SEN. DIANNE FEINSTEIN on 02/26/97
    SEN. TOM HARKIN on 02/10/95
    SEN. TIM JOHNSON on 10/26/95
    SEN. MAX BAUCUS on 02/10/95
    SEN. DICK DURBIN on 01/11/95
    SEN. JON TESTER on 06/25/06
    SEN. BOB CASEY on 09/03/06
    They all voted no on Sen. Sessions amendment. We couldn’t be so cynical as to say that they lied to get elected and now are voting their true positions could we? Perhaps they have just grown in their jobs.

  7. Ricardo

    Oh, I forgot to mention Sen. Joe Manchin. He also supports a balanced budget, but he is not a liar. He voted for the Sessions amendment. I guess he is still growing.

  8. ppcm

    Eternal problem of correlations and causations, but still with improving employment, the Federal surplus/ Deficit as a percentage of GDP is a difficult gauge. When attempting to corroborate an increasing tax receipts and a better employment, this graph is not validating a strong trend.
    Federal Surplus or Deficit [-] as Percent of Gross Domestic Product (FYFSDFYGDP)
    2011: -8.68795 Percent of GDP
    Still few economists are seeing improvements and discarding the effect of public debts on GDP growth.
    Bloomberg “Economists See No Crisis With U.S. Debt as Economy Gains”
    As often debated through Econbrowser posts and comments the zoological cycles and the geological ones do not share the same time.

  9. Robert Weiler

    Perhaps they finally figured out that balancing the budget on an arbitrary date is a really stupid idea. Everybody starts out ignorant, some people learn, some people, like Sessions, stay ignorant.

  10. 2slugbaits

    Bruce Hall Seasonal patterns vary over time for a variety of reasons which are often just viewed as background noise.
    Be careful that seasonal patterns aren’t wandering about because of a seasonal unit root.
    Menzie You forgot the stupidest part of the Heritage Foundation report:
    Policymakers should not worry that sequestration will disrupt growth. Economic research shows that spending-based deficit-reduction plans, unlike tax-based plans, do not damage the economy.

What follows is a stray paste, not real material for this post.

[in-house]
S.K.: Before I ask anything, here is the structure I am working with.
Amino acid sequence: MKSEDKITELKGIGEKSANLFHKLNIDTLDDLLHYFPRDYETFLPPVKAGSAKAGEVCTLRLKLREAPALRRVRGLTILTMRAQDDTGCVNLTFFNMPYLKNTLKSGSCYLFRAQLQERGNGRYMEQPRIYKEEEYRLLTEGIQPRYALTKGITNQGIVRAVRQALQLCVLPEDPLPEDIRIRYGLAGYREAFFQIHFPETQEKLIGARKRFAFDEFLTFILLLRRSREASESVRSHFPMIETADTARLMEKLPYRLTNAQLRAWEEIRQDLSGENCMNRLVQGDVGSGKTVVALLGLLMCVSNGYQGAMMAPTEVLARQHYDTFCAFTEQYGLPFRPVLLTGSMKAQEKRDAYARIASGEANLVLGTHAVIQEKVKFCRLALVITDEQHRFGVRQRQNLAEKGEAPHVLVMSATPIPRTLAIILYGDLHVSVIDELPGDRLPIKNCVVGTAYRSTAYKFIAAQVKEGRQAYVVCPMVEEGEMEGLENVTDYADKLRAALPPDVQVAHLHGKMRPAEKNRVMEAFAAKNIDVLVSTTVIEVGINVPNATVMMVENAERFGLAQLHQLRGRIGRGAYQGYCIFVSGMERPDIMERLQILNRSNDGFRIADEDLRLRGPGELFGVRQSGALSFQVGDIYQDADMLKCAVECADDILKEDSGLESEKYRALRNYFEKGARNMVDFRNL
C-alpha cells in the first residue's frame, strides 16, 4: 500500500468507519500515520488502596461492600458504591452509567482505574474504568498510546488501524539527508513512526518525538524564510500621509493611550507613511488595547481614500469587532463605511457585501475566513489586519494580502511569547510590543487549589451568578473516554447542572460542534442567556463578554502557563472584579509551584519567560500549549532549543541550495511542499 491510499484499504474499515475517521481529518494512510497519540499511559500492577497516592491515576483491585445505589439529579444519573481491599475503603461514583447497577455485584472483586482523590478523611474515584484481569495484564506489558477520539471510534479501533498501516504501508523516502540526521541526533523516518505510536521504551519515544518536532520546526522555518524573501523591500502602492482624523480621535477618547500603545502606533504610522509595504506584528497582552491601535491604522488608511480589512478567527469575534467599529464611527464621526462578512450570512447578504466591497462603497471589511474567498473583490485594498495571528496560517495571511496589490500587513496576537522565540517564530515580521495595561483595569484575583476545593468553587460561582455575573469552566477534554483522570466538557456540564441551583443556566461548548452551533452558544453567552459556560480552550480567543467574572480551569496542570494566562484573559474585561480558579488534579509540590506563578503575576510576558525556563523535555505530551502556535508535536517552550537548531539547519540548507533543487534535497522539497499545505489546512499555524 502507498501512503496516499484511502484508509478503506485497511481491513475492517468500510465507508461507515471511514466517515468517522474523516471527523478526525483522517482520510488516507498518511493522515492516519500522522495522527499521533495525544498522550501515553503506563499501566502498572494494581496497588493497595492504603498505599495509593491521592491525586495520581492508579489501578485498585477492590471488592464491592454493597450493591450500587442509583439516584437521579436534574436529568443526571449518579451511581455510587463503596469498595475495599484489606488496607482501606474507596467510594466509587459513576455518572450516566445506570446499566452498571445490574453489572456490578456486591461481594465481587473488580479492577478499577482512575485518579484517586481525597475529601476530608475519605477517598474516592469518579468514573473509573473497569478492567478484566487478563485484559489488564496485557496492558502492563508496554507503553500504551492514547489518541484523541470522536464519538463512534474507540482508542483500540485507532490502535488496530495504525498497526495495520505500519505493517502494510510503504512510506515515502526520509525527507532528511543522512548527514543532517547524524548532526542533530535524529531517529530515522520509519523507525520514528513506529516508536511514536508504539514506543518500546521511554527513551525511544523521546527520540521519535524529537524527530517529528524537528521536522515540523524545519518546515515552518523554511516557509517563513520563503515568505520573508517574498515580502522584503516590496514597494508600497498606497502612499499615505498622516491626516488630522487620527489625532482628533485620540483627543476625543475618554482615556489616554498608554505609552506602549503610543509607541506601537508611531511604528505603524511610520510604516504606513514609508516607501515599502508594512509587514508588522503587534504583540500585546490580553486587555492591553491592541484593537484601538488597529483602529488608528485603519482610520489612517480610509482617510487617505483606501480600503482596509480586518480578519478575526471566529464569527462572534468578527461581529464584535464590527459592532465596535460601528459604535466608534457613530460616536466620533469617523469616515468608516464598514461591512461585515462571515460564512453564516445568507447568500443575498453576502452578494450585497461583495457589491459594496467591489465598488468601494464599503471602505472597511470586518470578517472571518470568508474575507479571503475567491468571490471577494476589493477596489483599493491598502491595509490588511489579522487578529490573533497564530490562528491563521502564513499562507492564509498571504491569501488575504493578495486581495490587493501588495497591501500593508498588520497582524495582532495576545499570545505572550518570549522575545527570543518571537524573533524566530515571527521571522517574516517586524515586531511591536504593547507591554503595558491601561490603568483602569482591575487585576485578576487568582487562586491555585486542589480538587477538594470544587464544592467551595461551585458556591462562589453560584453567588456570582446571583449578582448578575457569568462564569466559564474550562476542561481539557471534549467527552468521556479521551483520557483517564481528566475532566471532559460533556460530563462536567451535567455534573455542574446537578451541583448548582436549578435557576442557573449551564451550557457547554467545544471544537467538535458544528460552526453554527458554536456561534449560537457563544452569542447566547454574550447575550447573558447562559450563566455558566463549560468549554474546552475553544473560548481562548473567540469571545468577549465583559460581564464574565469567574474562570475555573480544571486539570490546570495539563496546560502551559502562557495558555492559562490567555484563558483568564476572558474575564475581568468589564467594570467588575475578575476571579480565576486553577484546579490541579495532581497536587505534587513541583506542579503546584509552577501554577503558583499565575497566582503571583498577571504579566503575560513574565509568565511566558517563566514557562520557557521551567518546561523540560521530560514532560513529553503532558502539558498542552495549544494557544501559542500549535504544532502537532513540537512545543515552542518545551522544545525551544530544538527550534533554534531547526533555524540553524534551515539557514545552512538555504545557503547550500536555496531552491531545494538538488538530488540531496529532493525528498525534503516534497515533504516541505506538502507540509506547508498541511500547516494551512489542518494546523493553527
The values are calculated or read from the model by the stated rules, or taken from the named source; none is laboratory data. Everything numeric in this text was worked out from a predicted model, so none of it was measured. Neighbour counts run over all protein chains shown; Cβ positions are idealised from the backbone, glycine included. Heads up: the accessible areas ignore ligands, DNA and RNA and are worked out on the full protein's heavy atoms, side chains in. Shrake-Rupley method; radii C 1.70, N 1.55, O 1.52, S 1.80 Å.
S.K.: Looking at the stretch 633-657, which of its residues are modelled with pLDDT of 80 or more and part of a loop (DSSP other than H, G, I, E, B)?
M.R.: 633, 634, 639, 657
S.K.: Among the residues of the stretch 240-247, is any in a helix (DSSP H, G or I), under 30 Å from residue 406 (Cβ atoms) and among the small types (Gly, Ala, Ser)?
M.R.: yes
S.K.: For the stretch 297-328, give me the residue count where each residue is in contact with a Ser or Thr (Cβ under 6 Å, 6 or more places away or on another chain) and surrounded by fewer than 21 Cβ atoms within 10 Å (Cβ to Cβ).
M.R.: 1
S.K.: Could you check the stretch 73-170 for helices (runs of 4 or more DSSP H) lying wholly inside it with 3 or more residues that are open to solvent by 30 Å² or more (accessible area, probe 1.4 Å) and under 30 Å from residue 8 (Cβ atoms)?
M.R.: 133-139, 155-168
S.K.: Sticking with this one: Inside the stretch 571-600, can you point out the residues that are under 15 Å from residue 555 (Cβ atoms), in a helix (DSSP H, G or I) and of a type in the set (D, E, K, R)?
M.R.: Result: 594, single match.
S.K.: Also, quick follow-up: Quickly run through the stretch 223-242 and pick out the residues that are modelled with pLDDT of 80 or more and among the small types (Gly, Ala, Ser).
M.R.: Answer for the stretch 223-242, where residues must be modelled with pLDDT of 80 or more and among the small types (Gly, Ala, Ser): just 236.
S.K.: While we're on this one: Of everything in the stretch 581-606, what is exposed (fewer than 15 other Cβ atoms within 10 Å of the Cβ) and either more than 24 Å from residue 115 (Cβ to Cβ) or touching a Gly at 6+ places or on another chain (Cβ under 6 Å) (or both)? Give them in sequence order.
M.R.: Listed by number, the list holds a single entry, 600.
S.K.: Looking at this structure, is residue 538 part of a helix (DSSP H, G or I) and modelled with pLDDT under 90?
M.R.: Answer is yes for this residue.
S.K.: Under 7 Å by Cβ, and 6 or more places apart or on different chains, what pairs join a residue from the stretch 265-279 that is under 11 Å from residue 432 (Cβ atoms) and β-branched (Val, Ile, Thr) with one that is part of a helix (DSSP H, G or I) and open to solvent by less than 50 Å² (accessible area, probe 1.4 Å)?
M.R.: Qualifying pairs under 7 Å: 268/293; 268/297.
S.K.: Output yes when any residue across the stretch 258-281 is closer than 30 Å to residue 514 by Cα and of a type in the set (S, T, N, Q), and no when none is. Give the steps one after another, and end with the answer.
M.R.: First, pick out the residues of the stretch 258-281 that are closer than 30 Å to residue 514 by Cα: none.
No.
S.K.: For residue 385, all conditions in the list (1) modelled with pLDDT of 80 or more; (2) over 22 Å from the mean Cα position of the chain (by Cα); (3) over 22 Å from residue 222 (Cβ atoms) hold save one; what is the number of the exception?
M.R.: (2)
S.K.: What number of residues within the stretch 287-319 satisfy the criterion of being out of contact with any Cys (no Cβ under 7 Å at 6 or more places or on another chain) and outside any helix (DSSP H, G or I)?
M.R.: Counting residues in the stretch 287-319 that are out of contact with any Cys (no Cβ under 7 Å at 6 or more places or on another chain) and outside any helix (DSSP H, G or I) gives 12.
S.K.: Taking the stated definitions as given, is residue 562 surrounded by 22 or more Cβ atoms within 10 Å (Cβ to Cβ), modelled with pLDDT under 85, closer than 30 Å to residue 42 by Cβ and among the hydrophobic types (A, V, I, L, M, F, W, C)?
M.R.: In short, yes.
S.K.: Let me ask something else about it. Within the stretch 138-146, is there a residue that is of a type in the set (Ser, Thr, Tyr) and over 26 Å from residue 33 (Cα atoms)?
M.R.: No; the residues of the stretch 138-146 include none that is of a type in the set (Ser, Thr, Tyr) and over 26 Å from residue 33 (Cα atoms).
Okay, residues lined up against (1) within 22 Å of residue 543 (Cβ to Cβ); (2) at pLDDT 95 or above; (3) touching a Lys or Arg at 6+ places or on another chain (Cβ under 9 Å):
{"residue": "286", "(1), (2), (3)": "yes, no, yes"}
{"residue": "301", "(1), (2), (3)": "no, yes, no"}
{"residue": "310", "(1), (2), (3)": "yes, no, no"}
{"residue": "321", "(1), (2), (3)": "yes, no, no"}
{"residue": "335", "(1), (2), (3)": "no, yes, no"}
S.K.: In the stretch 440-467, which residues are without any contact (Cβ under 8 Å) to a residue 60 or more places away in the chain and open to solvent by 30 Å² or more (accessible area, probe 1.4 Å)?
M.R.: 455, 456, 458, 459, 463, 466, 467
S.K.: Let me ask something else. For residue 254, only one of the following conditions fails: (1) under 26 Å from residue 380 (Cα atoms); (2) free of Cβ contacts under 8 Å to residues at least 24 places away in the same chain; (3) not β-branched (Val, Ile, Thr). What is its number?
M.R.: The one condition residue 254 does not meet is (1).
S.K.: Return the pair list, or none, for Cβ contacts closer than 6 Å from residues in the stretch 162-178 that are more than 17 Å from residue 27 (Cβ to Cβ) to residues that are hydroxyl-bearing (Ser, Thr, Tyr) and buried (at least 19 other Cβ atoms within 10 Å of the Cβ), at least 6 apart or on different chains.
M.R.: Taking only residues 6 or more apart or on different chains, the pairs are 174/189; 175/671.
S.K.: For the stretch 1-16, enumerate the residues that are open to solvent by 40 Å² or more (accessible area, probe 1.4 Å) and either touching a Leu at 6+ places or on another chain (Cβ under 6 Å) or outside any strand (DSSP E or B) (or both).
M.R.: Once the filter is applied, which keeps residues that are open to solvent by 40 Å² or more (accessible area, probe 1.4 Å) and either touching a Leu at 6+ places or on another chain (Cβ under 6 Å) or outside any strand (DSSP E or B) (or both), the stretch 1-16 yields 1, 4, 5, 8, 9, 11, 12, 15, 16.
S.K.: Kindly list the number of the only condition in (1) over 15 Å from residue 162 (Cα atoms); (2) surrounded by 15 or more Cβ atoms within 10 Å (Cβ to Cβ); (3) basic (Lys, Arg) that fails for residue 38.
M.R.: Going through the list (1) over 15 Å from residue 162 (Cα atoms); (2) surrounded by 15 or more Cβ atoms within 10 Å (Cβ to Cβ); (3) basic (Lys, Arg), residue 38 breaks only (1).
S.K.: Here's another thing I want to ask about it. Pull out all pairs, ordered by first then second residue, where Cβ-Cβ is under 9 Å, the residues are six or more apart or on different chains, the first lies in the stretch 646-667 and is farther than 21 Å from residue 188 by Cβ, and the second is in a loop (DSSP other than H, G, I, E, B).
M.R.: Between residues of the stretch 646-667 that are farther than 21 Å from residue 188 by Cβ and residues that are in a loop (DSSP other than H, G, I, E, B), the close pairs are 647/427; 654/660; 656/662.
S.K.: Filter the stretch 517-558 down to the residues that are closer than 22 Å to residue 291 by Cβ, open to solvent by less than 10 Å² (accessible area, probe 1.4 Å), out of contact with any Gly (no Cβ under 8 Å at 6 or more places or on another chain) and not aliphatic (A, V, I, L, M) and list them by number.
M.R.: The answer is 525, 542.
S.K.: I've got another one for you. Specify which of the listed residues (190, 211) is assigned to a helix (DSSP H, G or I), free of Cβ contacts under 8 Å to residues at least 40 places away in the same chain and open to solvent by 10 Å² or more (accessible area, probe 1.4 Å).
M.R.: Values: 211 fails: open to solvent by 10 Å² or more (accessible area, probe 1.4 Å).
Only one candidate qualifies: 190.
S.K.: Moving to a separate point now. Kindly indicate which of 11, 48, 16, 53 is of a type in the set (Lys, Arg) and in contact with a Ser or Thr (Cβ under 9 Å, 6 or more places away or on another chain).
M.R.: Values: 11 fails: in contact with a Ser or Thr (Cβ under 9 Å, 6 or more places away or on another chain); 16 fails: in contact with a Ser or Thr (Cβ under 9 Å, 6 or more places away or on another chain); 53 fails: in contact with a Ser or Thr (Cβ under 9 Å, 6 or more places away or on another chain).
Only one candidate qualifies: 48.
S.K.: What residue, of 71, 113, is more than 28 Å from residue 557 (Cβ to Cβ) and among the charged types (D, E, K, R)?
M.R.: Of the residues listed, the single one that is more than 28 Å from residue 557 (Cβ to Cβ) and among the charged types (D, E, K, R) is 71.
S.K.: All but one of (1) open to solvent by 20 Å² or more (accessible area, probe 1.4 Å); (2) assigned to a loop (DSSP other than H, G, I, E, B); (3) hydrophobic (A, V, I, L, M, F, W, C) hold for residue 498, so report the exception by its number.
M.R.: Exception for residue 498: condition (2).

A little off topic, but only a little. I’ve never been comfortable combining seasonally adjusted data across different variables; e.g., in a VAR or OLS regression. Whenever practical I prefer to use NSA data and adjust for seasonality in the model. I have a couple of concerns. The first is that many time series are aggregates of seasonally adjusted components, and a seasonally adjusted aggregate of seasonal components is not guaranteed to capture the same information as a a seasonally adjusted aggregate of NSA components. Another problem is that the filtering and smoothing process imposes different trend factors, which might be hard to explain if the model you’re developing assumes a common trend across all of the variables. Finally, if you’re doing something like an error correction model what you’re mainly interested in are the short-run dynamics of the deviations. I’ve always worried that the filtered and smoothed nature of seasonally adjusted data purges the very deviations that are of greatest interest. Any thoughts? Are my concerns misplaced?

  11. Menzie Chinn

    2slugbaits: I don’t think your concerns are misplaced; I was taught that it was best to estimate using NSA data, and include seasonal terms to account for seasonality. However, this is often impractical because NSA GDP is not reported, for instance. In my experience, the impact has not been too large, when I could estimate using both SA and NSA data. However, this has mostly been in the context of exchange rate modeling, where the volatility of the LHS variable is very high (and does not typically exhibit seasonality).